"Prohibitions of displays of lack of respect for a religion or other belief system, including blasphemy laws, are incompatible with the Covenant, except in the specific circumstances envisaged in article 20, paragraph 2, of the Covenant ["Any advocacy of national, racial or religious hatred that constitutes incitement to discrimination, hostility or violence shall be prohibited by law"]. Such prohibitions must also comply with the strict requirements of article 19, paragraph 3 [allowing restrictions on freedom of expression only to protect national security, public health and morals, or the rights and reputations of others] as well as such articles as 2, 5, 17, 18 and 26 [guaranteeing equal protection, religious freedom, and more]. Thus, for instance, it would be impermissible for any such laws to discriminate in favour of or against one or certain religions or belief systems, or their adherents over another, or religious believers over non-believers. Nor would it be permissible for such prohibitions to be used to prevent or punish criticism of religious leaders or commentary on religious doctrine and tenets of faith."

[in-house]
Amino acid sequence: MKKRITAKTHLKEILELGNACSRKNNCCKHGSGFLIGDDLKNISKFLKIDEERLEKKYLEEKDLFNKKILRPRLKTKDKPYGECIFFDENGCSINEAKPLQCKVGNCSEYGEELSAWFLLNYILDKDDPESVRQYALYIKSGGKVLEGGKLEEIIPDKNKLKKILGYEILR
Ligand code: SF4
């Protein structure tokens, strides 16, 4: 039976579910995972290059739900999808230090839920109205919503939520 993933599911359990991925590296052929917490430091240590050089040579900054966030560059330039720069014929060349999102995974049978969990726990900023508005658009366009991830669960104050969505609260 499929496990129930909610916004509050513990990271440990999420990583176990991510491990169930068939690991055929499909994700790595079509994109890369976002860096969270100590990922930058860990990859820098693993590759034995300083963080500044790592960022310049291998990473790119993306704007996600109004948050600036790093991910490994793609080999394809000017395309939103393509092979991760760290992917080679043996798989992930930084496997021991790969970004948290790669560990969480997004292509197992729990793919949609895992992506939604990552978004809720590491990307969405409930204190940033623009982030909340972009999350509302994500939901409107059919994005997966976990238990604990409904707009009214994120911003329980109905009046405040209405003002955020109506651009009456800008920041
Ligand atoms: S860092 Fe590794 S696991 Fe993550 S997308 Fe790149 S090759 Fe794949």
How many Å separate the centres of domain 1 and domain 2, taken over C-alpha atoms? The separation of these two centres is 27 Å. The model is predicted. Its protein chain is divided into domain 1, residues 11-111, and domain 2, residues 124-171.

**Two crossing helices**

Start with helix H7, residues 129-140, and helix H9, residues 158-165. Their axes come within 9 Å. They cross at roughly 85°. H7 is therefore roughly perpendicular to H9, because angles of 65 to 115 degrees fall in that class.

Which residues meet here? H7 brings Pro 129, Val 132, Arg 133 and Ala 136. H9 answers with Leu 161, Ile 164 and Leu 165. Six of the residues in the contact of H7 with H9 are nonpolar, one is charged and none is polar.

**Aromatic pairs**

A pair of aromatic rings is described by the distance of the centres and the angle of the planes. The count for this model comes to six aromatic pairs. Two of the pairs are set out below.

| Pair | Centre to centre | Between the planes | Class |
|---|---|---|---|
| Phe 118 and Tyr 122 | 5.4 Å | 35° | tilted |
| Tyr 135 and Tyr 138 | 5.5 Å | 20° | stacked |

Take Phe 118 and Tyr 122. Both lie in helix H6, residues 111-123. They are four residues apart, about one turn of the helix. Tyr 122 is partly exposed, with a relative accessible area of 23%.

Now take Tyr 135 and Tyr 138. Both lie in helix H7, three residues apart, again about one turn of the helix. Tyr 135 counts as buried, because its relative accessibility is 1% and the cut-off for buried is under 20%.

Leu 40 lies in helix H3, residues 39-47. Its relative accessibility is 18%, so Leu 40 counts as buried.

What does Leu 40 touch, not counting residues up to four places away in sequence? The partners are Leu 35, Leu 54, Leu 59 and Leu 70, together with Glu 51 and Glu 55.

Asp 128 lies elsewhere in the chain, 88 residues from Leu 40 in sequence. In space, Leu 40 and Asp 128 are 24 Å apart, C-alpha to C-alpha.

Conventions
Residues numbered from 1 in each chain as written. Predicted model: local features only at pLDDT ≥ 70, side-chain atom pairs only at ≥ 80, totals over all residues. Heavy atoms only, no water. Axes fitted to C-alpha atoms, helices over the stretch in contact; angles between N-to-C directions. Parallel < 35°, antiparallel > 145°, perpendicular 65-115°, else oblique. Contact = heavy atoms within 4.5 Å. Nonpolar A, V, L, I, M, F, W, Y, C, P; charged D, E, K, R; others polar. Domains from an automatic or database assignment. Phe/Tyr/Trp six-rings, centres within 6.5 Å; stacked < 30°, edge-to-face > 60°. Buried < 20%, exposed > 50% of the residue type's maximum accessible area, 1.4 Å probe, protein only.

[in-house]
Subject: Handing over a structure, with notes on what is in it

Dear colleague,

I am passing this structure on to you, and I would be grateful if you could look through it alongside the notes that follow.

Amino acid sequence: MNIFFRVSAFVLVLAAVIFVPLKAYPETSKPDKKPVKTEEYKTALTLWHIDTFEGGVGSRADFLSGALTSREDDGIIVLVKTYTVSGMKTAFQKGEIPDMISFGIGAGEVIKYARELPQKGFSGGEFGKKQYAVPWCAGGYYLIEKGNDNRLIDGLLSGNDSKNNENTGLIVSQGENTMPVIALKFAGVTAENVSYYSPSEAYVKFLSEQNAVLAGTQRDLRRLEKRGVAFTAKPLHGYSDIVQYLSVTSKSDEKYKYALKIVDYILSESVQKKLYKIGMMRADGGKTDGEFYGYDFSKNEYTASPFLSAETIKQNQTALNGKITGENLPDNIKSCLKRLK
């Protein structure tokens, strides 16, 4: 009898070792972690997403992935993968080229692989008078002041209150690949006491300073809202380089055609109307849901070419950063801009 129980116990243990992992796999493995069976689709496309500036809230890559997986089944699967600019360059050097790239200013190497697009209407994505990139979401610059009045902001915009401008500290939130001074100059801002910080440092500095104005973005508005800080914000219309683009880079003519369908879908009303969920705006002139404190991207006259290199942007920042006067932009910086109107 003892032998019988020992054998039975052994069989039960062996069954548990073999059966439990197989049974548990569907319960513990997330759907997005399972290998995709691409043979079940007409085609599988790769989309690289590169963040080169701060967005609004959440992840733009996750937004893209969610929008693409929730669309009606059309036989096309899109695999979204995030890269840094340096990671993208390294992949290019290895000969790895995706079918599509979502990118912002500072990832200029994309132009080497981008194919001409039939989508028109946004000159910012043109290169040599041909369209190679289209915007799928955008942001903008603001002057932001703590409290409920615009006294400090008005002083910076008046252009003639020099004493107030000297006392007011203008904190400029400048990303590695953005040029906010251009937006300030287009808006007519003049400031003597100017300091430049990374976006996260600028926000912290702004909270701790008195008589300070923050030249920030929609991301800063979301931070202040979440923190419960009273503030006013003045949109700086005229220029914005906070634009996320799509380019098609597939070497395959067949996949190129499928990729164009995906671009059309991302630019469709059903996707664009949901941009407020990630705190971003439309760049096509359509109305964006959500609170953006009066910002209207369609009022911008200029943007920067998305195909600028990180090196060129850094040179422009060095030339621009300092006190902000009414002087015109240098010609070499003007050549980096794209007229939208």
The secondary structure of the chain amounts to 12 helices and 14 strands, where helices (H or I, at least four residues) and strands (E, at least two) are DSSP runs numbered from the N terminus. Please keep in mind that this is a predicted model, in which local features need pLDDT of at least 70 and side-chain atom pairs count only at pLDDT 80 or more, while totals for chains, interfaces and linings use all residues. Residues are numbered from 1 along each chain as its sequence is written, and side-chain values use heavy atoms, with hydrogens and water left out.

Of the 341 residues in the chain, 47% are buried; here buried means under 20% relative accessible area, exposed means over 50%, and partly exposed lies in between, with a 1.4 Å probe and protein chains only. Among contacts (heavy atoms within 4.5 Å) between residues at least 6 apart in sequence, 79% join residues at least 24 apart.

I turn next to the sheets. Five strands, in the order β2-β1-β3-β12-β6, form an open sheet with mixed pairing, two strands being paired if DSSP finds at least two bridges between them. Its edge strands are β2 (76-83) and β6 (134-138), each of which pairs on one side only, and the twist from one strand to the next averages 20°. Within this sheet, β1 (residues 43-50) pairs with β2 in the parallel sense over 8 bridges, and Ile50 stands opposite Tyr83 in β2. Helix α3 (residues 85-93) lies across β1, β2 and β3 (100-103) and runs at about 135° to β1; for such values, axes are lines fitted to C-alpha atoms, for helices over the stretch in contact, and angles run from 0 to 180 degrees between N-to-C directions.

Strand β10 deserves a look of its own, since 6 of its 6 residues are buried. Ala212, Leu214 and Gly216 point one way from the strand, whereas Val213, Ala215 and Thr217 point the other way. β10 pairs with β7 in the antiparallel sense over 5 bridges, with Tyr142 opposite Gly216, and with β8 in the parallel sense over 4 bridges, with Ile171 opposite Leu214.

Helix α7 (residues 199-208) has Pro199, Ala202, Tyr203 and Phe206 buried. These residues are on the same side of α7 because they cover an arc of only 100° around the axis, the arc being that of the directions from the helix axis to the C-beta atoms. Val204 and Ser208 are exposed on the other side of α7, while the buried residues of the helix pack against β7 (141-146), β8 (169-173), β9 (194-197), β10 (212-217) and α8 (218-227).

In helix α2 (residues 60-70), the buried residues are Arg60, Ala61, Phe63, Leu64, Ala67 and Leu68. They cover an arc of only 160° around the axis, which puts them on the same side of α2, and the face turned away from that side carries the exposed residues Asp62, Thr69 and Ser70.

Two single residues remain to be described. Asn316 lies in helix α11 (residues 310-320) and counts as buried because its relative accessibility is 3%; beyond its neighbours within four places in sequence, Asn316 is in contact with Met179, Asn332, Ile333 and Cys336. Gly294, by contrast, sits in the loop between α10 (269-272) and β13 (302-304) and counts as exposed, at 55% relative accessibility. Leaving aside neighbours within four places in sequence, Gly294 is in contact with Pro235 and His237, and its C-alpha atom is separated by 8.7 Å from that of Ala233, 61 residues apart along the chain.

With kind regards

It is unclear to my mind whether this comment is significant. The Committee's broad statement against blasphemy laws is counter-balanced by reference to a notable exception (Article 20, Para. 2) that incorporates the exact rationale that modern supporters often give for the existence of blasphemy legislation: the need to prevent religious hatred and offence.